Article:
Vaccines against primary pneumonic plague, a potential bioweapon, must be tested for efficacy in well-characterized nonhuman primate models. Telemetered cynomolgus macaques (Macaca fascicularis) were challenged by the aerosol route with doses equivalent to approximately 100 50% effective doses of Yersinia pestis strain CO92 and necropsied at 24-h intervals postexposure (p.e.). Data for telemetered heart rates, respiratory rates, and increases in the temperature greater than the diurnal baseline values identified the onset of the systemic response at 55 to 60 h p.e. in all animals observed for at least 70 h p.e. Bacteremia was detected at 72 h p.e. by a Yersinia 16S rRNA-specific quantitative reverse transcription-PCR and was detected later by the culture method at the time of moribund necropsy. By 72 h p.e. multilobar pneumonia with diffuse septal inflammation consistent with early bacteremia was established, and all lung tissues had a high bacterial burden. The levels of cytokines or chemokines in serum were not significantly elevated at any time, and only the interleukin-1β, CCL2, and CCL3 levels were elevated in lung tissue. Inhalational plague in the cynomolgus macaque inoculated by the aerosol route produces most clinical features of the human disease, and in addition the disease progression mimics the disease progression from the anti-inflammatory phase to the proinflammatory phase described for the murine model. Defined milestones of disease progression, particularly the onset of fever, tachypnea, and bacteremia, should be useful for evaluating the efficacy of candidate vaccines.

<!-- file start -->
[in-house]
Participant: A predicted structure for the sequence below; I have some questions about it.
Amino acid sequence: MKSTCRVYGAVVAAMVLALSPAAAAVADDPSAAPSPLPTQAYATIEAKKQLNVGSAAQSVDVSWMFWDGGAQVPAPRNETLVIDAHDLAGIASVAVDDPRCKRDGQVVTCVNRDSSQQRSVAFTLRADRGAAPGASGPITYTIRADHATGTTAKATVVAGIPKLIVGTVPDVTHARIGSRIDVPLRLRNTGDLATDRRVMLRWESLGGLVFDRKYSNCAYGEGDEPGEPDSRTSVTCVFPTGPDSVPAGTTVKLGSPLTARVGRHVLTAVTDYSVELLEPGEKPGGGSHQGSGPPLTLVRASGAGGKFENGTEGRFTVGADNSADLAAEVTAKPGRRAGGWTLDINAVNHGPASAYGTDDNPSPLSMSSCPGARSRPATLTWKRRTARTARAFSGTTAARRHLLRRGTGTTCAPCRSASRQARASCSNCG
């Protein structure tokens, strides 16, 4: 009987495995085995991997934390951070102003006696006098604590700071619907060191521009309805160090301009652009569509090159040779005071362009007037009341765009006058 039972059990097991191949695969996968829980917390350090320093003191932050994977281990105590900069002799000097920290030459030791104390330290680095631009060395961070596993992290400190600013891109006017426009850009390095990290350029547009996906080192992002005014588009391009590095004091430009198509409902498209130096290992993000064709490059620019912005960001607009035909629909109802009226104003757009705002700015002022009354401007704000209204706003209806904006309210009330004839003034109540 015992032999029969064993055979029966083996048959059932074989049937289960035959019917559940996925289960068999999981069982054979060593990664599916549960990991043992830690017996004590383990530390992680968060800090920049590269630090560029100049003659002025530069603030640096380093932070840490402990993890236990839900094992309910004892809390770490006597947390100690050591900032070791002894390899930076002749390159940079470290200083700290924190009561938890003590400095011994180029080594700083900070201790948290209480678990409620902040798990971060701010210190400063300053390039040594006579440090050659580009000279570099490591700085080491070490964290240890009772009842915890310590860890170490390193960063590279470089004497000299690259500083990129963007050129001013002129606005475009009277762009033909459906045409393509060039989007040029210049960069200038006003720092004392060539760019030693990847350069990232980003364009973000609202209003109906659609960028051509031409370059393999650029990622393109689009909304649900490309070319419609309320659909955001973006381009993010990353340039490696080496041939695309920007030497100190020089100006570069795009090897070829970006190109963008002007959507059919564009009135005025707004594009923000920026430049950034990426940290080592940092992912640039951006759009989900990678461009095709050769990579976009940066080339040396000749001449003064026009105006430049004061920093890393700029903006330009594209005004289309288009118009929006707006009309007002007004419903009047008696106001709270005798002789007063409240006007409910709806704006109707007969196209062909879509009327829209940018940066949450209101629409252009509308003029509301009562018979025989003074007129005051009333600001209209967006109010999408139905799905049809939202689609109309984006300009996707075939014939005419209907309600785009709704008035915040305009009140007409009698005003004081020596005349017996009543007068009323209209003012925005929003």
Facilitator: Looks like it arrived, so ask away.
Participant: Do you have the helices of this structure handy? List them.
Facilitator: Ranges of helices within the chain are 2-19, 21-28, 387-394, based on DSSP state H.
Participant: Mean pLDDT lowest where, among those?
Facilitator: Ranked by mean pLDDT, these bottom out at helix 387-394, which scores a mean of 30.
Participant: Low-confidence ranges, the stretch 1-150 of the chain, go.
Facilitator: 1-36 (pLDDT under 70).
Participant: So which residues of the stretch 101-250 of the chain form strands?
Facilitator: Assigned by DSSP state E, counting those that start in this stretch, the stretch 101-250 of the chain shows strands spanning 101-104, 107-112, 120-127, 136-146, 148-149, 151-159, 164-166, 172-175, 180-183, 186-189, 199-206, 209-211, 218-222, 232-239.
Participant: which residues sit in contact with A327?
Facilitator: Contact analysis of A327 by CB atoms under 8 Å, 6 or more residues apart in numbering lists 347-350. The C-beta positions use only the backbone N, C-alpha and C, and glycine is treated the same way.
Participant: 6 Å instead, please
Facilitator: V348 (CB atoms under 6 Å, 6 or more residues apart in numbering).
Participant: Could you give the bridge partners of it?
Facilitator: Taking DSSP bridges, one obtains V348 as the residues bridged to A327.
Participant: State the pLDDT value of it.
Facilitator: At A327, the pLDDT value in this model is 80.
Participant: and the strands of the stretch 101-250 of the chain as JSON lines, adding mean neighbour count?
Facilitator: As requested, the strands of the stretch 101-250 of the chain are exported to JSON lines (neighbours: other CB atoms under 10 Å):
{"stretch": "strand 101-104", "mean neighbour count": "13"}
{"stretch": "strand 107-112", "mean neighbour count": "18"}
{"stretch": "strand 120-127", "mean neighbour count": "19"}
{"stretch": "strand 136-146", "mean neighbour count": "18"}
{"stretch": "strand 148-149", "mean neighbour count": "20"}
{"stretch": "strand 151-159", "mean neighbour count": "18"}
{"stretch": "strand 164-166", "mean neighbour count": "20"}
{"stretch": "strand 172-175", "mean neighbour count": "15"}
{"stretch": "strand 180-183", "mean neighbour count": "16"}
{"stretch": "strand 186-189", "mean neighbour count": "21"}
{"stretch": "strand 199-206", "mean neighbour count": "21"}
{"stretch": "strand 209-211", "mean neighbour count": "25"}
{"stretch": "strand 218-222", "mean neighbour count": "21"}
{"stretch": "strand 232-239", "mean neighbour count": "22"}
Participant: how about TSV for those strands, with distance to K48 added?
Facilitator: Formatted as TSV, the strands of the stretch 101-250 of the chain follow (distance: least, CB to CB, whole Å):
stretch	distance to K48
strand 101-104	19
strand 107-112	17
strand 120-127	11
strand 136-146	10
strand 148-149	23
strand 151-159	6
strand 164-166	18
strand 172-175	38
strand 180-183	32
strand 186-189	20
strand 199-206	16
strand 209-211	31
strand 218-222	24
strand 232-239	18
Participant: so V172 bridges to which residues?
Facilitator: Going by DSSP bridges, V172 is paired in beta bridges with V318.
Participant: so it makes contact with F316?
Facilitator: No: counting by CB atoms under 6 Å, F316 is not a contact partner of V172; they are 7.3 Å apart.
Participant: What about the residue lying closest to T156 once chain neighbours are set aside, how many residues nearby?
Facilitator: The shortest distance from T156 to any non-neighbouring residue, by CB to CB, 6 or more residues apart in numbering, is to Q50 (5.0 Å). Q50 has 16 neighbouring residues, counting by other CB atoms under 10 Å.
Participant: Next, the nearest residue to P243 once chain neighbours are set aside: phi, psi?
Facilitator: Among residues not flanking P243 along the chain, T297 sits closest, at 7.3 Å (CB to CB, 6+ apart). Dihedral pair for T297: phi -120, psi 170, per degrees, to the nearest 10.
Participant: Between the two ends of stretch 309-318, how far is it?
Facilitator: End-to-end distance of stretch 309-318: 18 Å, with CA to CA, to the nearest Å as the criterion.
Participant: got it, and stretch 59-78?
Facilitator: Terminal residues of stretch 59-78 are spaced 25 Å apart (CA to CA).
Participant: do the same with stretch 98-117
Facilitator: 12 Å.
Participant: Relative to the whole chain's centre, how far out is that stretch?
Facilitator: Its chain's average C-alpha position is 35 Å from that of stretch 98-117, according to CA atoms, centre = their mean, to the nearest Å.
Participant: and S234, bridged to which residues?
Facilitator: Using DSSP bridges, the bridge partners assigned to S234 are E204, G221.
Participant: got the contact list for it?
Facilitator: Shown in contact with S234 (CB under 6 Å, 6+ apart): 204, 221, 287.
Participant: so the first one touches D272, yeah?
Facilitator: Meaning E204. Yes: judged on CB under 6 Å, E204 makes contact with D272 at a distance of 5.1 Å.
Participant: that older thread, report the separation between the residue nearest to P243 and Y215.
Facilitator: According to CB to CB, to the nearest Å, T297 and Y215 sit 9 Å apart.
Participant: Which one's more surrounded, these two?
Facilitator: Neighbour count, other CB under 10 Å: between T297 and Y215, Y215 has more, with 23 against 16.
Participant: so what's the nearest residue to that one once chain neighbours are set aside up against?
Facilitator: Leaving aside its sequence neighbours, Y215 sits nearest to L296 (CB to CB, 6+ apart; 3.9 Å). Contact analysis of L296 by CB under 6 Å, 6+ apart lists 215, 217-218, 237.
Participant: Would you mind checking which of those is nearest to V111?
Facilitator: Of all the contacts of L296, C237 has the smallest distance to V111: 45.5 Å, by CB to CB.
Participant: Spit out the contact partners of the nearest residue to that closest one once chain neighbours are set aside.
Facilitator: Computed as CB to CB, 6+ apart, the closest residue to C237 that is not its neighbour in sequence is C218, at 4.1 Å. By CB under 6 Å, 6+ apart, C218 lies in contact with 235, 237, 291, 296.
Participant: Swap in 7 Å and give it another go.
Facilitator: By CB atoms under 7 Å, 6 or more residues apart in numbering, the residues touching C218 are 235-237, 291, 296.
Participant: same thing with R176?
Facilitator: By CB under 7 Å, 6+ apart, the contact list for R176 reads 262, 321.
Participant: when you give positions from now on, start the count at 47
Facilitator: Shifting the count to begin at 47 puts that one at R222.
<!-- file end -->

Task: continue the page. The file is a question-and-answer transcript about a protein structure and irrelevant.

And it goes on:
ASJC Scopus subject areas
- Infectious Diseases